1. Bark, by Lorrie Moore
2. Words of Radiance, by Brandon Sanderson
3. Shotgun Lovesongs, by Nickolas Butler
4. The Invention of Wings, by Sue Monk Kidd
5. The Accident, by Chris Pavone
Our top four books are past events (with Bark getting a particularly nice pop on March 26, when we had an unusual number of individual sales for the book) and #5 is Hannah's rec, The Accident, which is also an Indie Bound pick and has gotten some major reviews. This week I actually hand-sold two copies, helping it get on the list. I only mention that because aside from event stuff, it's a rare thing these days for me to recommend the same book twice in a week.
1. Thrive, by Arianna Huffington
2. The Making of Milwaukee, by John Gurda
3. Everything I Need to Know I Learned from a Little Golden Book, by Diane Muldrow
4. Astoria, by Peter Stark
5. The Story of the Jews, by Simon Schama
As Arianna Huffington's new book, Thrive: The Third Metric to Redefining Success and Creating a Life of Well-Being, Wisdom, and Wonder was landing this past week, Sharon told us that we were getting substantially more calls about it than we had copies. Fortunately Jason was able to restock us quickly, and that helped us get our #1 pop on the book. Her book, about redefining success, of course has several pieces in The Huffington Post, but it's also getting attention everywhere, including this interview on The Ellen Show.
1. A Tale for the Time Being, by Ruth Ozeki
2. Over the River and Through the Wood, edited by Karen Kilcup and Angela Sorby
3. The Interestings, by Meg Wolitzer (event 4/24 at Boswell!)
4. Veronica Mars: The Thousand-Dollar Tan Line, by Rob Thomas and Jennifer Graham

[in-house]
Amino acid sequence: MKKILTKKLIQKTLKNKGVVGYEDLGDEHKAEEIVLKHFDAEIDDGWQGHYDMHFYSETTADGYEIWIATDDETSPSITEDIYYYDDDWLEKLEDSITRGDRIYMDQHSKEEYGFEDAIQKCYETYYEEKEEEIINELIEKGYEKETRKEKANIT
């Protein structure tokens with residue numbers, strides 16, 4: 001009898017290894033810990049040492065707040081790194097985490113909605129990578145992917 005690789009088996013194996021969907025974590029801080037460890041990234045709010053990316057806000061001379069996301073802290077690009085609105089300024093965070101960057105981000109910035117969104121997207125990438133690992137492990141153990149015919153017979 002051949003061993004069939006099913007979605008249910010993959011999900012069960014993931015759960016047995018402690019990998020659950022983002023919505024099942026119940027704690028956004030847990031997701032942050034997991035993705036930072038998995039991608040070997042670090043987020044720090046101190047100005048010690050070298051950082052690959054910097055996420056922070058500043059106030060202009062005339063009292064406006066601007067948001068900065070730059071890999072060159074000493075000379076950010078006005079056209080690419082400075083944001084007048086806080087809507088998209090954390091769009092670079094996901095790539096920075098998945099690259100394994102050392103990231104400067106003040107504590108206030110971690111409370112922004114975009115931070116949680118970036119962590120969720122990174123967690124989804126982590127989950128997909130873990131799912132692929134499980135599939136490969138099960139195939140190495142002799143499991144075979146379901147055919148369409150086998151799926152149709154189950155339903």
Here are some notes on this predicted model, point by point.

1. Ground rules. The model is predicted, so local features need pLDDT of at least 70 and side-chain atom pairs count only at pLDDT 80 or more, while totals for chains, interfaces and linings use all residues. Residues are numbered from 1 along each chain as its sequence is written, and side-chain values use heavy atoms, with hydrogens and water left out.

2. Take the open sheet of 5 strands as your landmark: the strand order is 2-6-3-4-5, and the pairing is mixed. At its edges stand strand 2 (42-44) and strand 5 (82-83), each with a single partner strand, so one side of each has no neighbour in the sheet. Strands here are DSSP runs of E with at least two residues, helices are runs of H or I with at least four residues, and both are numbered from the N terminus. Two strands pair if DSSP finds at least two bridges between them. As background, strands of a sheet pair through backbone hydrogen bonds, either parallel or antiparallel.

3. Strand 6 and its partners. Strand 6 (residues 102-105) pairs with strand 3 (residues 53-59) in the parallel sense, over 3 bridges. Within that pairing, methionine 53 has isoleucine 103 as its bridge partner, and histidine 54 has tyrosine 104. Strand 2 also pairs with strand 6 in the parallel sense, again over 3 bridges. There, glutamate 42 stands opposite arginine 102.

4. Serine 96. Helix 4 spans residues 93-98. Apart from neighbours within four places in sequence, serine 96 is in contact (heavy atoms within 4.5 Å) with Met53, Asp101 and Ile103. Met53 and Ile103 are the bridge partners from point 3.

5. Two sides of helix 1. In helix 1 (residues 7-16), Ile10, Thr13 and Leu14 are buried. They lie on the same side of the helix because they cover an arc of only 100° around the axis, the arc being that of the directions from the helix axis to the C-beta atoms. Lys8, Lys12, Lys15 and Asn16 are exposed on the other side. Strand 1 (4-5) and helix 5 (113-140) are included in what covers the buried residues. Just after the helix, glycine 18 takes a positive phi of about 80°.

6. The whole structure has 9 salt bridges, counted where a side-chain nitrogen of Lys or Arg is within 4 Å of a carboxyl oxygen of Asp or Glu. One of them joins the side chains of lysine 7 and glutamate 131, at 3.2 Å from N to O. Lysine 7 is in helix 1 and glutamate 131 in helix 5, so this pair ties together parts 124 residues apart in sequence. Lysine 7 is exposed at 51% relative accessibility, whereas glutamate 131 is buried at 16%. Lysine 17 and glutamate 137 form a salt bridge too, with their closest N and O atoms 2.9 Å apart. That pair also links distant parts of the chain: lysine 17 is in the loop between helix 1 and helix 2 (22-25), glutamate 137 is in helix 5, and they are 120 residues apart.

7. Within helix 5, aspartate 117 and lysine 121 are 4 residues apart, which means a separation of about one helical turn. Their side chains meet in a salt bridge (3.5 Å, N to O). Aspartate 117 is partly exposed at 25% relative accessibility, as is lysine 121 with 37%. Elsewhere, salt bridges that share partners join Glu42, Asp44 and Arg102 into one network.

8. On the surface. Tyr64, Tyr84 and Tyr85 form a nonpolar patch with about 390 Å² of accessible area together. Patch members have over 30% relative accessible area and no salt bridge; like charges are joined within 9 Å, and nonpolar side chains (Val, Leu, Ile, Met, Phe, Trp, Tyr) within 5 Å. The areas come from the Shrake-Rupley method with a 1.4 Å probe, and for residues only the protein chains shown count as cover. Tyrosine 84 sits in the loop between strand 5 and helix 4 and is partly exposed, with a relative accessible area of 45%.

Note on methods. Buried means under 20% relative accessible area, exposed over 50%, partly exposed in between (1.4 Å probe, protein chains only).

5. Life After Life, by Kate Atkinson
How exciting that The Interestings is finally out in paperback! We've been selling the book and event in hardcover, with the book even skirting the bottom of our bestseller lists, but now it means our event is really coming soon. Can we get you as excited as we are? Here's the Liesl Schillinger review in The New York Times Book Review. And here's Wolitzer's interview on Fresh Air with Terry Gross.
1. Superman, by Larry Tye
2. How Can it Be Gluten Free?, by America's Test Kitchen
3. Wrigley Field, by Stuart Shea
4. Brain on Fire, by Susannah Cahalan
5. Merriam Webster Dictionary, 11th edition
Speaking of Fresh Air, Terry Gross had a nice sales pop with her piece on The How Can It Be Gluten Free Cookbook: Revolutionary Techniques. Groundbreaking Recipes.
Jack Bishop and Julia Collin Davidson of America's Test Kitchen talked with Gross about gluten free cupcakes and cookies and what things will never probably have a successful gf incarnation...like puff pastry. I just looked at wholesalers and they are all cleaned out, awaiting a restocking.
Books for Kids:
1. Bird, by Crystal Chan (event Thursday, April 3, 7 pm)
2. Hollow Earth, by John Barrowman and Carole E. Barrowman
3. The Scraps Book, by Lois Ehler (event Saturday, April 19, 2 pm, at Boswell)
4. Divergent, by Veronica Roth